You can continue tilting the number in any number of directions until you are happy with the look. I only tilted the numbers in two directions. If you don't like the look you've achieved, you can start again by adding more of each of the colours.
Picking up and tilting the number 3 with gloved hands to allow the resin to flow over the edge, creating the marbled effect.

Use the paintbrush to wipe away the drips underneath. Use the excess to paint resin onto the sides and underneath.
Brushing away the resin that has dripped underneath the number 3 with a disposable acid brush.

Pop the Surface Bubbles in the Resin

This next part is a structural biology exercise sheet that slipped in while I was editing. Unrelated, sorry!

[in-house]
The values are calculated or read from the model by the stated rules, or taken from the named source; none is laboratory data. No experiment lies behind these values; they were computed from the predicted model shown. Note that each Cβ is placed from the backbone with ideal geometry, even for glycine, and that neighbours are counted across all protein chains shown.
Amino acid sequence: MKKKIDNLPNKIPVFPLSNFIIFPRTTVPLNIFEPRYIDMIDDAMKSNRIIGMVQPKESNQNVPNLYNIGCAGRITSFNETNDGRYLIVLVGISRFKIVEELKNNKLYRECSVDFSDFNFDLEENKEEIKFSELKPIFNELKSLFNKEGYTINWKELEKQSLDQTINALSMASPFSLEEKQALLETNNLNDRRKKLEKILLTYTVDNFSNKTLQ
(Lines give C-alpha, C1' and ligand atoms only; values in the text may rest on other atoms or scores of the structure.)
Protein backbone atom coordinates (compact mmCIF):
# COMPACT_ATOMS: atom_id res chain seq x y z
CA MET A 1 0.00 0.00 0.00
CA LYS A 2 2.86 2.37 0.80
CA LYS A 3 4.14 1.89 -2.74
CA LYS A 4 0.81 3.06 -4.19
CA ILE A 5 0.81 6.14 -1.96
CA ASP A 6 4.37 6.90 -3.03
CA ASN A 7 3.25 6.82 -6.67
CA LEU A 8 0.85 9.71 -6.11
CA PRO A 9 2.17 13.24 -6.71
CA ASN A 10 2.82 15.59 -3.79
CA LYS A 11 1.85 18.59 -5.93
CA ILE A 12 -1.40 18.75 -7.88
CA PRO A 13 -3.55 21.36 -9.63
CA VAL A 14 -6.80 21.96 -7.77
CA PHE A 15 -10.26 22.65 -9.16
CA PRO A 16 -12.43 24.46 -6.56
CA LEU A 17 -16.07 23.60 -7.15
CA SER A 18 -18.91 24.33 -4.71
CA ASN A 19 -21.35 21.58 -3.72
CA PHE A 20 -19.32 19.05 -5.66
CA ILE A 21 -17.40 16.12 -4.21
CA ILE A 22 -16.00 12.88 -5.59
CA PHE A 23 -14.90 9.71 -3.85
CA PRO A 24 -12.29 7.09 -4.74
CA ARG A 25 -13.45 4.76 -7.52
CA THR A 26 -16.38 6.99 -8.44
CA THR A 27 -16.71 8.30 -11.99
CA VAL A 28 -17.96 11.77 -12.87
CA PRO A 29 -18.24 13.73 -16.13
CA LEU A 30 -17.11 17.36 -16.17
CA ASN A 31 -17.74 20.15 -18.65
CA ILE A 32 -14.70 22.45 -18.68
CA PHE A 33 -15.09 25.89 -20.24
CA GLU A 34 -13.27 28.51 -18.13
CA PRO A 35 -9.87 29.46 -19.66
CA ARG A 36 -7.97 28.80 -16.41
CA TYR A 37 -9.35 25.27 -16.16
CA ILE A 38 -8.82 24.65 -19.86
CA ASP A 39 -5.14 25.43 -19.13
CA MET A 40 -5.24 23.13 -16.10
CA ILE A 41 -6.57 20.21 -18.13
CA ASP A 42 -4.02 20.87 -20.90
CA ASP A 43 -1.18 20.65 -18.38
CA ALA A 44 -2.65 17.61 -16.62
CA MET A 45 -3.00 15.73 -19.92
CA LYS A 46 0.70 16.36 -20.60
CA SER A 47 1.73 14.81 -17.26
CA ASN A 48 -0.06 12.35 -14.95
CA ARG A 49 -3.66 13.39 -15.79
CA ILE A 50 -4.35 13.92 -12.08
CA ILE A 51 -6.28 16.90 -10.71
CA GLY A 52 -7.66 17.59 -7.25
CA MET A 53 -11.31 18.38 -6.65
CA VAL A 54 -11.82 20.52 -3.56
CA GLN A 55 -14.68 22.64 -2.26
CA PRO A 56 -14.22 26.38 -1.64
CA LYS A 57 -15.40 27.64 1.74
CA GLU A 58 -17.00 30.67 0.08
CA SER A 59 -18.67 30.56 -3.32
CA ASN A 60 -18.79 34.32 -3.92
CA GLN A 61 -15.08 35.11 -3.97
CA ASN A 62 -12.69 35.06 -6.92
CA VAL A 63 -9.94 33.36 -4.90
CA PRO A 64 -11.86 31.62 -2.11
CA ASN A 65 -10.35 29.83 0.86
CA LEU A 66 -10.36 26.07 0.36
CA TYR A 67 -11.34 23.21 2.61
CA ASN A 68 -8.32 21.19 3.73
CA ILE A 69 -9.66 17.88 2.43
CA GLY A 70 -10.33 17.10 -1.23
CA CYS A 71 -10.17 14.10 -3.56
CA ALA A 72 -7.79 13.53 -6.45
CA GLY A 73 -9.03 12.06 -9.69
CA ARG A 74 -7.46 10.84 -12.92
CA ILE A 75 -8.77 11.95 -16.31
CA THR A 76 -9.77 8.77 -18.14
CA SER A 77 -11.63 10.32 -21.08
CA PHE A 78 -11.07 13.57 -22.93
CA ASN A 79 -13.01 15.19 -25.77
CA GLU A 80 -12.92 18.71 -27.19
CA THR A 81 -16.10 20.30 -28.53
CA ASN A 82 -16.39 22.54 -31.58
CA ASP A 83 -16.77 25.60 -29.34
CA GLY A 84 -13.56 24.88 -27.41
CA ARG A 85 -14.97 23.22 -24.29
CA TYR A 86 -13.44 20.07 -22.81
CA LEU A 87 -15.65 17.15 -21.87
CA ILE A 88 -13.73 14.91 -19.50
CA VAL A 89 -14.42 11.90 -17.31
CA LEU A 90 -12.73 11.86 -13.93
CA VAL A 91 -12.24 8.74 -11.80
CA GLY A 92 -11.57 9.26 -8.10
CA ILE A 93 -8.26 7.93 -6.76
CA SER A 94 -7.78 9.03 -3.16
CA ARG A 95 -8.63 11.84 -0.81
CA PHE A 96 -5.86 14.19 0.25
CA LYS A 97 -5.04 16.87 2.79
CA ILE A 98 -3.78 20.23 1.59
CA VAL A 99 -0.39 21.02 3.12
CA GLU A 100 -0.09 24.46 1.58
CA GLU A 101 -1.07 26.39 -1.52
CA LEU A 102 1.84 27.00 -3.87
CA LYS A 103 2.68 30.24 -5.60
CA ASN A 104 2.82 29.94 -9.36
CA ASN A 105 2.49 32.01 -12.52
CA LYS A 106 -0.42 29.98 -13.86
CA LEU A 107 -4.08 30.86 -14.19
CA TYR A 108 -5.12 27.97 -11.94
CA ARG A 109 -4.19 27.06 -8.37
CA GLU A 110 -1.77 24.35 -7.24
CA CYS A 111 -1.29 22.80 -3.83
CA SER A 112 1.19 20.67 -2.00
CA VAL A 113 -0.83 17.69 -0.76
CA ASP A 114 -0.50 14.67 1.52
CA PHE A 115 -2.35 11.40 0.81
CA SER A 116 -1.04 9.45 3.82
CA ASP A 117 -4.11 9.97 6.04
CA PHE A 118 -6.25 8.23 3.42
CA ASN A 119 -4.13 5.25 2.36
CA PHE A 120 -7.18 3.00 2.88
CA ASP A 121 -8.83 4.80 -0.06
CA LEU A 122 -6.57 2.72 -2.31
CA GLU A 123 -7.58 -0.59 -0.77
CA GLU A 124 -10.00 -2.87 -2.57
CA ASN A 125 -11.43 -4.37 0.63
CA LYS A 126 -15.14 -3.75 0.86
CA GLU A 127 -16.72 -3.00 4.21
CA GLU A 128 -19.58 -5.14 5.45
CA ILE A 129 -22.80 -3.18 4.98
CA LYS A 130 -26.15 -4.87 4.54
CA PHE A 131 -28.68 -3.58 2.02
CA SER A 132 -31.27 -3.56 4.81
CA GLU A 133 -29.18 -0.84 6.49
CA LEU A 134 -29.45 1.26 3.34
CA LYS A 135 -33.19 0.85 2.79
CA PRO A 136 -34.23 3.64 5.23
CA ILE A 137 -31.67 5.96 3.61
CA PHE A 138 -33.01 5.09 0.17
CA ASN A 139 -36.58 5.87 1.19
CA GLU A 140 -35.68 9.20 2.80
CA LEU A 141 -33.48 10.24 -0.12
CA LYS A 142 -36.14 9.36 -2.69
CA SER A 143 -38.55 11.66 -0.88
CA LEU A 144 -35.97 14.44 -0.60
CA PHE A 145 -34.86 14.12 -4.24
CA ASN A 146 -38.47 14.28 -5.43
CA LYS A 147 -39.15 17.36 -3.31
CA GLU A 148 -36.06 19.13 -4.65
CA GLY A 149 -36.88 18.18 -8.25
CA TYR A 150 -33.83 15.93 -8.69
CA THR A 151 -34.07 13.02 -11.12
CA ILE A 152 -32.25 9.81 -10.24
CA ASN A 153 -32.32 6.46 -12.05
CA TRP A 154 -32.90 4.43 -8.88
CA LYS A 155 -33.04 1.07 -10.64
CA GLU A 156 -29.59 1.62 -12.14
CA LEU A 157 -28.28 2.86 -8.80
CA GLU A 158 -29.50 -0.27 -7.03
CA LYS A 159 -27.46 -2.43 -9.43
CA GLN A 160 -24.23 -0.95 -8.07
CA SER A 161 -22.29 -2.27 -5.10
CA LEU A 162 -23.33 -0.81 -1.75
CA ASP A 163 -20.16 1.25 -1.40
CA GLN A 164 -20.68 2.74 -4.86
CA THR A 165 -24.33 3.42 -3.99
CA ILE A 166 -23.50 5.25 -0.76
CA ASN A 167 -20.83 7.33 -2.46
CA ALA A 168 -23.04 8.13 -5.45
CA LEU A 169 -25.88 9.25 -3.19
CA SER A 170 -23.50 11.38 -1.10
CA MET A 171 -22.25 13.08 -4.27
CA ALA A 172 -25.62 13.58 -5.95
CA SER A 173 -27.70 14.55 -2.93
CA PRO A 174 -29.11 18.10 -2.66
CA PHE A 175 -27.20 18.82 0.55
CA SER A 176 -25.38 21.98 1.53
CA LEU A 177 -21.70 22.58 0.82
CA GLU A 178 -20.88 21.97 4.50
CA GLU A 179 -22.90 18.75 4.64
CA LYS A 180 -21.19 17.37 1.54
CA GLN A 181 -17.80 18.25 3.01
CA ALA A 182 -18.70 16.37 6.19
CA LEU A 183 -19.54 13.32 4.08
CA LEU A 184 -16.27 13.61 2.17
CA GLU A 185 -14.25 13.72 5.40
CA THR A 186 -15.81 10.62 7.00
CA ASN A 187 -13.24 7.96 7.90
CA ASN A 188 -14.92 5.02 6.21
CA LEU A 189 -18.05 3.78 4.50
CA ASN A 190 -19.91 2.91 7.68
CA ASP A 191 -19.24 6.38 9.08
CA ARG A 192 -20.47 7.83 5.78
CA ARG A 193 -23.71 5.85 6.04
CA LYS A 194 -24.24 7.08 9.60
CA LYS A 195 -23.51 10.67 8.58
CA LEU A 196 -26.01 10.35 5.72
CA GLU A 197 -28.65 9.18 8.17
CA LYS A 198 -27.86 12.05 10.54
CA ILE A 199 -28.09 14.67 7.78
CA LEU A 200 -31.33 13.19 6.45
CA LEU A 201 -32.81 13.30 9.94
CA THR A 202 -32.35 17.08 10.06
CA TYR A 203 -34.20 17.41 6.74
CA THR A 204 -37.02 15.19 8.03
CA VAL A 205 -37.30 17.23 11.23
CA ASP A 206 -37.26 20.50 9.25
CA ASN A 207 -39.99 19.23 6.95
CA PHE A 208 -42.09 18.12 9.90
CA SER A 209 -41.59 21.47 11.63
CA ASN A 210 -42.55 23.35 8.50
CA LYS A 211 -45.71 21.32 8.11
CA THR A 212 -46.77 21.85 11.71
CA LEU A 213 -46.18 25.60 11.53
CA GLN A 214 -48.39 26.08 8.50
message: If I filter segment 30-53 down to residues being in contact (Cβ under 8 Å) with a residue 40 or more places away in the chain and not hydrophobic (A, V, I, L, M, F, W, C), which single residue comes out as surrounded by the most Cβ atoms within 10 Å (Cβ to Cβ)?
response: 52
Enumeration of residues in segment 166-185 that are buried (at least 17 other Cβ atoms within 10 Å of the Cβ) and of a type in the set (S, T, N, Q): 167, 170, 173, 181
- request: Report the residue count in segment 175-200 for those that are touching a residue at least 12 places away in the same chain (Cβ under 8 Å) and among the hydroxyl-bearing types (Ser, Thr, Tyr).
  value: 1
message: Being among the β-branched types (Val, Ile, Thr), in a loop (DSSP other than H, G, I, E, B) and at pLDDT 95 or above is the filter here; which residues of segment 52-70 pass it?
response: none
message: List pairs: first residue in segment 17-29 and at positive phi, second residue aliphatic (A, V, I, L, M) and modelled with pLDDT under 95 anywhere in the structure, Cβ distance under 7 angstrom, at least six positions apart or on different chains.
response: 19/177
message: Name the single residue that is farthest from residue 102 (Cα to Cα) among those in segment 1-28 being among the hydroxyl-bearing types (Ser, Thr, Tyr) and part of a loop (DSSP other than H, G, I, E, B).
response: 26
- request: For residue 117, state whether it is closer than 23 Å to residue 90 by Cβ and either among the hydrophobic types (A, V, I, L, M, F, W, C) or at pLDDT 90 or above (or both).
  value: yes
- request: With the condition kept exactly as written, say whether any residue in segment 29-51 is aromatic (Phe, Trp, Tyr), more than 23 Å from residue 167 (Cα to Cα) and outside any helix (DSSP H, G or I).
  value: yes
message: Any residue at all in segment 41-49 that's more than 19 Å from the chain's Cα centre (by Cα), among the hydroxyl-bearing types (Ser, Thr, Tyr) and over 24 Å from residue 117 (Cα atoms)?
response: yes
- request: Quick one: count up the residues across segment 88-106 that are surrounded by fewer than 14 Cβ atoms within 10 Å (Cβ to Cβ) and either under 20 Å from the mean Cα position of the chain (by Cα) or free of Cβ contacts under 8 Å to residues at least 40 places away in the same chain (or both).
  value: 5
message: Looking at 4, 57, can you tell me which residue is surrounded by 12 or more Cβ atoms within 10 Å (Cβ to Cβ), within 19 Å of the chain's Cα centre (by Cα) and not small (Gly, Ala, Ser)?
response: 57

Spritz the surface lightly with rubbing alcohol to pop any bubbles that have surfaced. 

If using a gas torch, pass the flame briefly across the surface of the resin to pop any bubbles.
Spritzing tne surface of the marbled resin with rubbing alcohol to pop the bubbles.

Removing the Resin Drips and the Tape

If you didn't tape the back of the numbers, you'll need to keep wiping the drips away for a couple of hours. Then set the numbers aside in a dust-free area to cure for 24 hours. The manufacturer's directions tell you how long it will take according to the temperature in your workspace.

Once the resin has completely cured, you can carefully remove the tape and then apply a coat of paint to the back for a really neat finish. 
Removing the tape and the resin drips from the back of the wooden number.

I'm sure you'll agree, this is absolutely marble-ous!
Glossy, marbled resin in shades of pink, silver and white on wooden numbers, 3 and zero.

Number 30 marbled with purple, silver and white resin